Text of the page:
Supplements by Species

Learning about the supplements available for small animals puts retailers in the best position to guide customers to products that can boost their pets’ health.


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More dietary supplements are now marketed for small pets than ever before, but with the wealth of products on offer, customers might be confused about which ones can actually benefit their pets. Most commercial foods currently sold for small pets have been carefully formulated to contain all the nutrition needed for that particular species. However, some of the most popular small animal pets have special problems that the addition of a supplement can help solve. 

Rabbits tend to do well on a diet of mostly grass hay, which is high in fiber, and just enough pelleted food to supply the needed vitamins and minerals. However, their digestive system is pretty specialized, and sometimes problems occur. One of these is hairballs, especially in long-haired breeds. Rabbits groom themselves like cats and often ingest some of their own fur. A high-fiber diet usually does a good job of sweeping this fur through, but their digestion was not designed to deal with a long-furred coat. Unlike cats, which can vomit up hairballs, rabbits can’t vomit, so there are a number of supplements that are designed to prevent hairballs or help them pass to prevent a blockage. Some contain psyllium, a natural fiber, and some contain petrolatum products. Rabbit owners can also give their pets papaya tablets, which contain a natural enzyme that can help dissolve the hair.

Guinea pigs are the only mammals besides primates that cannot produce their own vitamin C and must get it from their food. While all commercial guinea pig food includes vitamin C, this vitamin deteriorates over time. Guinea pigs should also have fresh fruits and vegetables in their diet and can get vitamin C from some of these, but it’s impossible to know exactly how much they contain. For these reasons, it’s a good idea to give guinea pigs a vitamin C supplement. They are available as drops designed to go in the drinking water, but this can have drawbacks. Vitamin C placed in the water rapidly deteriorates, and some guinea pigs drink less water because they don’t like the taste of these products. This can be dangerous because guinea pigs need to drink a lot of water to flush out excess calcium they absorb from their diet. Instead, I recommend chewable vitamin C tablets, which are a wonderful treat for the animals and fun for owners to give.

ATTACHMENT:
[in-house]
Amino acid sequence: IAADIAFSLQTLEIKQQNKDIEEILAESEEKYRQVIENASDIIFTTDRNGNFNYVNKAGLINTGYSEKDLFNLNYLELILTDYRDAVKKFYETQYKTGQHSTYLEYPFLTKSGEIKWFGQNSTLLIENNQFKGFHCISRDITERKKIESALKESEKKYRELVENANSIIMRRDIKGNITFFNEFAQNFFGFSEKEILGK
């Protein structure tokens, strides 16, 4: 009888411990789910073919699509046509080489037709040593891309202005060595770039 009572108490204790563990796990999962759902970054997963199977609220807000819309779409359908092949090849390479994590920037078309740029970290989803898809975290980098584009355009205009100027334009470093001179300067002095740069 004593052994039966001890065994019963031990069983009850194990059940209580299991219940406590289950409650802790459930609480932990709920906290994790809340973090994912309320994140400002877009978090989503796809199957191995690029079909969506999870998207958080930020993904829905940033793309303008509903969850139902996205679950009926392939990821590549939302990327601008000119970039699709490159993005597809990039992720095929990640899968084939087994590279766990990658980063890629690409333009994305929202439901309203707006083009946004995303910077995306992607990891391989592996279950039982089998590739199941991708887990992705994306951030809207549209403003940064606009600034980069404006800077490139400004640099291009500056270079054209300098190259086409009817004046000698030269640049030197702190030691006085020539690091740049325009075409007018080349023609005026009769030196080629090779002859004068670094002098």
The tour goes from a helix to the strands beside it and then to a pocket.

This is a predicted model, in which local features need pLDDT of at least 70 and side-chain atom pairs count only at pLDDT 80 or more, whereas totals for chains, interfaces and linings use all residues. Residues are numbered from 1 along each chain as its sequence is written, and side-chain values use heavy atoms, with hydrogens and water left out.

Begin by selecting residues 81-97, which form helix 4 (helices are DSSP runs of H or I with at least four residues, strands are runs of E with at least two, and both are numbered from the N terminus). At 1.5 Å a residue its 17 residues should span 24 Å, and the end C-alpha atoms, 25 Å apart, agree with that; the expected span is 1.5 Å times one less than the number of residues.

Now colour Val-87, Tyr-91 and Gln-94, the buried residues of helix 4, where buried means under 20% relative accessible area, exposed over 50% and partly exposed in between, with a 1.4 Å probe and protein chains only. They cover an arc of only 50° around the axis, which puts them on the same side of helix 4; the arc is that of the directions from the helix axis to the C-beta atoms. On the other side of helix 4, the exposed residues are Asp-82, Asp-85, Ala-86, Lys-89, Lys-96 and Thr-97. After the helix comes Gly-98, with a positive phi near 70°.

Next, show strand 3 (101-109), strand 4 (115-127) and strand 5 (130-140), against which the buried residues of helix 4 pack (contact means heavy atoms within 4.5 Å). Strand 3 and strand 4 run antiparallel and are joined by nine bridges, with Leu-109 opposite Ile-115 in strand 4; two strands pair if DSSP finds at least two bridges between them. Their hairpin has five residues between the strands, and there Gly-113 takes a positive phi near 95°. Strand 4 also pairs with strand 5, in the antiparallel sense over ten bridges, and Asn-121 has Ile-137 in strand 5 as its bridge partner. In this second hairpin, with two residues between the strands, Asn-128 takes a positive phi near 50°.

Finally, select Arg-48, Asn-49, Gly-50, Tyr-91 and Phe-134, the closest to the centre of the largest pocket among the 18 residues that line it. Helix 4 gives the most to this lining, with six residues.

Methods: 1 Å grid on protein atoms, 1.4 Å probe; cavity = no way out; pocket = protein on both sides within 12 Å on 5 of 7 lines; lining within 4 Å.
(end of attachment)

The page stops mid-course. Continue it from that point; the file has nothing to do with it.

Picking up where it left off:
There are four different types of supplements that can be helpful for ferret owners. Fatty acid supplements can be highly beneficial for the skin and should be used for animals that have dry skin or fur. Ferrets love these products so much that they can be used as an aid for grooming. A few drops on a ferret’s stomach will keep it occupied licking up the tasty liquid. Like rabbits, ferrets can get hairballs, so they can also benefit from a product to help ingested fur pass through their digestive tract. There are also supplements that are meant to reduce the amount of fur they shed in the first place. Ferret owners might also appreciate a supplement designed to reduce body and waste odors emitted by their pets.

There are two supplements I recommend for rats. Older rats often go through a progressive deterioration of the motor nerves running from the spine to the hind legs, resulting in gradually advancing paraplegia. I have found that a B-vitamin complex supplement can slow or even stop the progression of the paralysis. The amount given should be calculated by the B12, with five micrograms of this vitamin given twice a day. 

One mineral, chromium picolinate, has been shown in a laboratory study to increase the lifespan of rats. Chromium helps regulate blood sugar levels, which can damage the body if they get too high, and chromium picolinate is more easily absorbed by the body than some other forms of chromium. In the lab, rats given this mineral at 189 micrograms per pound lived an average of one year longer than rats who received a less easily absorbed form of chromium. Unfortunately, neither of these supplements are commercially marketed for rats at this time, so human products need to be used.


On Display
Although many retailers put supplements in a separate health-focused section of the store, another idea is to stock the supplements that are the most useful for each species in the department for that particular animal. Consider having a small section for hairball remedies alongside rabbit food, or place them next to rabbit grooming products. All four supplements useful for ferret owners could be displayed next to the ferret food: hairball remedies, anti-shedding products, fatty acid supplements and odor-reducing products.

Chewable vitamin C tablets for guinea pigs should be displayed on the shelves with guinea pig food. To help introduce this product to customers, staff members can give free samples of the tablets to shoppers buying guinea pig products. Once owners see how much their guinea pigs like these yummy tablets, it is an easy sale. 


Debbie Ducommun has a B.A. in animal behavior and has worked in the animal field since 1982. She is the author of three books about rat care, health, and training, and was a consultant on the movie Ratatouille.

 

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